"...the School of the Americas reminds people in a very blunt way
that Americans too can be collectively responsible
for torture, for murder, for dictatorship..."
I just watched the movie "Hidden in Plain Sight". A 2003 movie which is difficult, almost impossible to find. I finally got it through inter-library loan.
Click here for
the official site
The documentary focuses on the School of Americas, which has trained Latin American proxy armies to ruthlessly slaughter democratic revolutionaries and labor movements which try to help people out of crushing poverty, but threaten the miniscule elite and American business interests throughout Latin America, which prop up this elite.
History of Central America
The movie is almost devoid of American imperialist history in Central America. For the history of Central America, right now I am also reading the book Inevitable Revolutions: The United States in Central America, which talks about the history of the dozens of United States invasions in Central America. I am currently reading about the 1950’s CIA invasion of Guatemala, to crush the democratically elected government, which threatened the business interests of United Fruit, by increasing wages and life for the poor majority. After the CIA coup, their were many death squads. It is a familiar script that has been played out around the world, in dozens of countries.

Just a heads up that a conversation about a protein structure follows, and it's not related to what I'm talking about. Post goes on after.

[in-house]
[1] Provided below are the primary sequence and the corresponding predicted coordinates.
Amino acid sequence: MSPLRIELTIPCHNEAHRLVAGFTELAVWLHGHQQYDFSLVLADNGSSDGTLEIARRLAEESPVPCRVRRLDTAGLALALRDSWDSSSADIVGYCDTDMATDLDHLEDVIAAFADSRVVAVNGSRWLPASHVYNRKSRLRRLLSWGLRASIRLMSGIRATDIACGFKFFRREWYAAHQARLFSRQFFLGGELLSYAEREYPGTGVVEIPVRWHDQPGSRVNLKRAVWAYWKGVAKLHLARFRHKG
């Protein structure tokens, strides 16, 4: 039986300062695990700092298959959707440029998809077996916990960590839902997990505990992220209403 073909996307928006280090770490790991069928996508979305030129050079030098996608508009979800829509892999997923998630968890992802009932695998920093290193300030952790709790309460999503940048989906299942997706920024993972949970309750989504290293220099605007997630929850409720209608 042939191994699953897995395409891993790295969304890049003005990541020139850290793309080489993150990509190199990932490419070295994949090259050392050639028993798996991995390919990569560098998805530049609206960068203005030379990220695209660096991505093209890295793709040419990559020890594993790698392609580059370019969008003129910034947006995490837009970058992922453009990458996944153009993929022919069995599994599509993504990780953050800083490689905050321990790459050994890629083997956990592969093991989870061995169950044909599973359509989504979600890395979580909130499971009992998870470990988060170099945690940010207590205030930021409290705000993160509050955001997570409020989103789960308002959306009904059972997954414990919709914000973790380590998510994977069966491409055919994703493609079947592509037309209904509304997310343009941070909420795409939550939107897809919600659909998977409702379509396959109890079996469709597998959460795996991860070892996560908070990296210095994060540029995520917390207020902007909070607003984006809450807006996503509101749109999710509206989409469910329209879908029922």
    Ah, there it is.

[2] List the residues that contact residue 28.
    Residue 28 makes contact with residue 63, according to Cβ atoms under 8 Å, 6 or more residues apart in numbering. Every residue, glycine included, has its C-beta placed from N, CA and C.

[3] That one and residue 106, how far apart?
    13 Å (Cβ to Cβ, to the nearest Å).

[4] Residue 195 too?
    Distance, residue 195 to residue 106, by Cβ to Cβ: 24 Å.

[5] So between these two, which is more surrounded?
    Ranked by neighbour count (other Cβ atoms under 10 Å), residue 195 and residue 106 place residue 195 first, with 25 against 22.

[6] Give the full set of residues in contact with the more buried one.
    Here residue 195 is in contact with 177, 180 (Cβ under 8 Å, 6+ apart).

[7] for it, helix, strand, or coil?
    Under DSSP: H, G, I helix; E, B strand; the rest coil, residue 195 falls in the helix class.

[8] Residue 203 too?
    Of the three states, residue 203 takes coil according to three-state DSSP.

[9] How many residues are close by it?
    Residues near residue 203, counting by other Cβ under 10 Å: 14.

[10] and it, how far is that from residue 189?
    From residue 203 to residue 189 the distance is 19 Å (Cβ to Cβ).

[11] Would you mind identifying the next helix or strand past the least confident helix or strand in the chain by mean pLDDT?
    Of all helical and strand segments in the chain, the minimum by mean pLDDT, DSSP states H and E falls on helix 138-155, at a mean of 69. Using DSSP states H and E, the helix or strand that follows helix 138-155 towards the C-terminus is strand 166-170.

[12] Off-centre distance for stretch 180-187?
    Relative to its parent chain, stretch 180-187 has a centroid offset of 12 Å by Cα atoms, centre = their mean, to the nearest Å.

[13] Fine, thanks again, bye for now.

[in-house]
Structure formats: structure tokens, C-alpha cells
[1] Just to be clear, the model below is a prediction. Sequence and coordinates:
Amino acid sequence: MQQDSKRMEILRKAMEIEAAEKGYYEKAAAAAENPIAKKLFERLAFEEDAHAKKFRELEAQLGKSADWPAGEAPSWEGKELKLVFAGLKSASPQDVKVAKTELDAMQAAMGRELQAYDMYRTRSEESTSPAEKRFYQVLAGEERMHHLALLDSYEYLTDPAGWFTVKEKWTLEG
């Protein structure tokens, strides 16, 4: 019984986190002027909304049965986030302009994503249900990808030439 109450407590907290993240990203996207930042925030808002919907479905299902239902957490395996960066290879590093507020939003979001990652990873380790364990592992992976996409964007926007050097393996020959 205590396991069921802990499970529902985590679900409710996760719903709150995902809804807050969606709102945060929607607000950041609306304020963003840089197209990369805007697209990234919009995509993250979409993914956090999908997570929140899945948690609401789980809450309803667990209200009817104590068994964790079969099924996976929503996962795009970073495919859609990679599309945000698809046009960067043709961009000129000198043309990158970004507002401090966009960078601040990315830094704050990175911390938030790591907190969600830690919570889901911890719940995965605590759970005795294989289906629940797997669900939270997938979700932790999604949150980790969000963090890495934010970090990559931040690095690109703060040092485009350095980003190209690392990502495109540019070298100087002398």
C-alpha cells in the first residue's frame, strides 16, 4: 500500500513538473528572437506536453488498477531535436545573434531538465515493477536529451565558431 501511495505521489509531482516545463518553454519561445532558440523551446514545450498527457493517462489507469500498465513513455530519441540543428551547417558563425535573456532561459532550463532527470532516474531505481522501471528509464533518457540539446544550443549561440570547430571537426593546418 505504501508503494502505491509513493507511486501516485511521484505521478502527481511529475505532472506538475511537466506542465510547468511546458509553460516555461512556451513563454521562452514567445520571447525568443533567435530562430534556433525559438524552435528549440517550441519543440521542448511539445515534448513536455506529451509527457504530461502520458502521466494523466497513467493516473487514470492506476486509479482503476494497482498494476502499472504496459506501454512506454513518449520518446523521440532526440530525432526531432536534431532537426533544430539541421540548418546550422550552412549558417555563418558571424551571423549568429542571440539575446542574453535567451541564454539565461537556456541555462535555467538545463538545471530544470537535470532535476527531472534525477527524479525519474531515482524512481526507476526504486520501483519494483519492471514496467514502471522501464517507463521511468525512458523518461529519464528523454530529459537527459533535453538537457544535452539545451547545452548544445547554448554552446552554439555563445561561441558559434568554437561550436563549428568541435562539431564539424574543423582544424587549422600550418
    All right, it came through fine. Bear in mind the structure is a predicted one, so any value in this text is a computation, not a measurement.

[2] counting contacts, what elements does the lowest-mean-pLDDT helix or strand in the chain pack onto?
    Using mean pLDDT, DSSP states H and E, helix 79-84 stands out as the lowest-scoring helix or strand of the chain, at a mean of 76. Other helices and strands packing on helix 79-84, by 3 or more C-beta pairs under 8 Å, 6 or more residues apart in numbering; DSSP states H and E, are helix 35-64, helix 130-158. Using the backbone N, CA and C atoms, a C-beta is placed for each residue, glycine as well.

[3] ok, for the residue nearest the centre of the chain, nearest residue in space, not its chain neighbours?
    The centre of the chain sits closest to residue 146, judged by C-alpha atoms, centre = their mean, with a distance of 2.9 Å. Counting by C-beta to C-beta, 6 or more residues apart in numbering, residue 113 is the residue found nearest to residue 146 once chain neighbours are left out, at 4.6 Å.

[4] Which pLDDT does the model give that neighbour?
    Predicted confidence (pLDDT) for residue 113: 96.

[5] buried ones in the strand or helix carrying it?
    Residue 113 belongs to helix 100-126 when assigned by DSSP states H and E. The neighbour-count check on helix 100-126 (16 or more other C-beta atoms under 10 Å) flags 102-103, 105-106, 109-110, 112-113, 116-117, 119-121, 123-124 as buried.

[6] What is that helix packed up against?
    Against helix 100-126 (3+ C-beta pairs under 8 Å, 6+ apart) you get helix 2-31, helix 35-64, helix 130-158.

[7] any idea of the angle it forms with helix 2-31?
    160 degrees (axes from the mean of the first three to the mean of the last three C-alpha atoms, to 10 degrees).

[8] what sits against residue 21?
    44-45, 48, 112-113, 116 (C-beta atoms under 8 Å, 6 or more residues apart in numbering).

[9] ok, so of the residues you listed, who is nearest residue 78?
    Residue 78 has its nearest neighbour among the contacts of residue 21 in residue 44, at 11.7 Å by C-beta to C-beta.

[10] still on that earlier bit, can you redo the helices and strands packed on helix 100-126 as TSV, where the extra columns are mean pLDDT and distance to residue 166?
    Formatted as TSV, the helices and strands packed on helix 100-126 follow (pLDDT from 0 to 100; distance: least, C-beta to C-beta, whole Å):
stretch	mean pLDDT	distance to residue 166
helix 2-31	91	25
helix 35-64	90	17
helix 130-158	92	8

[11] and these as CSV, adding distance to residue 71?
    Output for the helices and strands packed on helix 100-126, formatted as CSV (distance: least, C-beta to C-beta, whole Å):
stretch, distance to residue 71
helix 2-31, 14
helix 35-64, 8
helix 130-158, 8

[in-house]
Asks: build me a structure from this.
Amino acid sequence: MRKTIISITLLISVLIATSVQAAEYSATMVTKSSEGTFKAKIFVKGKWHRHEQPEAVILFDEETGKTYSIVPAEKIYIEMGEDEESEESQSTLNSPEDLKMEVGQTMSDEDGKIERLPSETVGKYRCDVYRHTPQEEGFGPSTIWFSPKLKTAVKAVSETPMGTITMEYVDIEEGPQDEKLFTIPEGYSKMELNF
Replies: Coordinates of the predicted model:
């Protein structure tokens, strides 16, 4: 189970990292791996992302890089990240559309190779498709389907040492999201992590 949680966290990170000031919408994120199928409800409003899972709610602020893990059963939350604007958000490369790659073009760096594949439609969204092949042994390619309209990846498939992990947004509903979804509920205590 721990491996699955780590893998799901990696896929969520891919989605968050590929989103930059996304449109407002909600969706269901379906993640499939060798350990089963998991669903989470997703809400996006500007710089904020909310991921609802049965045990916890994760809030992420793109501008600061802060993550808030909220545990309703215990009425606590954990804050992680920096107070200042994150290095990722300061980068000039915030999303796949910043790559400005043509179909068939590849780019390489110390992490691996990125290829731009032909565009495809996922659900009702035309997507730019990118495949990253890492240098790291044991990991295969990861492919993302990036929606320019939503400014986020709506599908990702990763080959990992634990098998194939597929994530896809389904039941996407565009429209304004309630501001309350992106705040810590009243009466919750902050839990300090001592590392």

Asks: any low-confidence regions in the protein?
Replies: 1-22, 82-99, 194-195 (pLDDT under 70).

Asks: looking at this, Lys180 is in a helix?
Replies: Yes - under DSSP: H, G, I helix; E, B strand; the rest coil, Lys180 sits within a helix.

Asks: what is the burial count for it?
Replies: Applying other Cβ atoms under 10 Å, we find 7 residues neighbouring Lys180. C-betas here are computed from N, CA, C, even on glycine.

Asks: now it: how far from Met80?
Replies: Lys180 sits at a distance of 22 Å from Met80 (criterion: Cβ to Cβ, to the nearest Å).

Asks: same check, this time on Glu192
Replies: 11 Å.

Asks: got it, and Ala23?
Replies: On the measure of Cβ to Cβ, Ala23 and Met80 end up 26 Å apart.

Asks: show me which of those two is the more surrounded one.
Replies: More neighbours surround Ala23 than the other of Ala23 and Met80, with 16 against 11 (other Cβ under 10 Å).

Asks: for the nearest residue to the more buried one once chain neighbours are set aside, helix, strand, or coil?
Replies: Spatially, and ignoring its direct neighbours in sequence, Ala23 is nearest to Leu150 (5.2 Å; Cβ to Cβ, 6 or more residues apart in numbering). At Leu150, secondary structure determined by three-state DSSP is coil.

The producer of the movie makes a good point:
That what makes America great today is its dissenters. Dissenters like Martin Luther King. People who fought against authority and made America a better place. The overwhelming majority of Americans, the sheep, are either too busy in their empty lives or actively fight those dissenters.
The reason dissenters like myself focus on the negative is because if every American focused on the ‘positive’, then America would still have slavery and many of the benefits Americans enjoy ignorantly would not exist today.
Third technique moved to:
Four techniques many American's use to ignore their country's bloody foreign policy history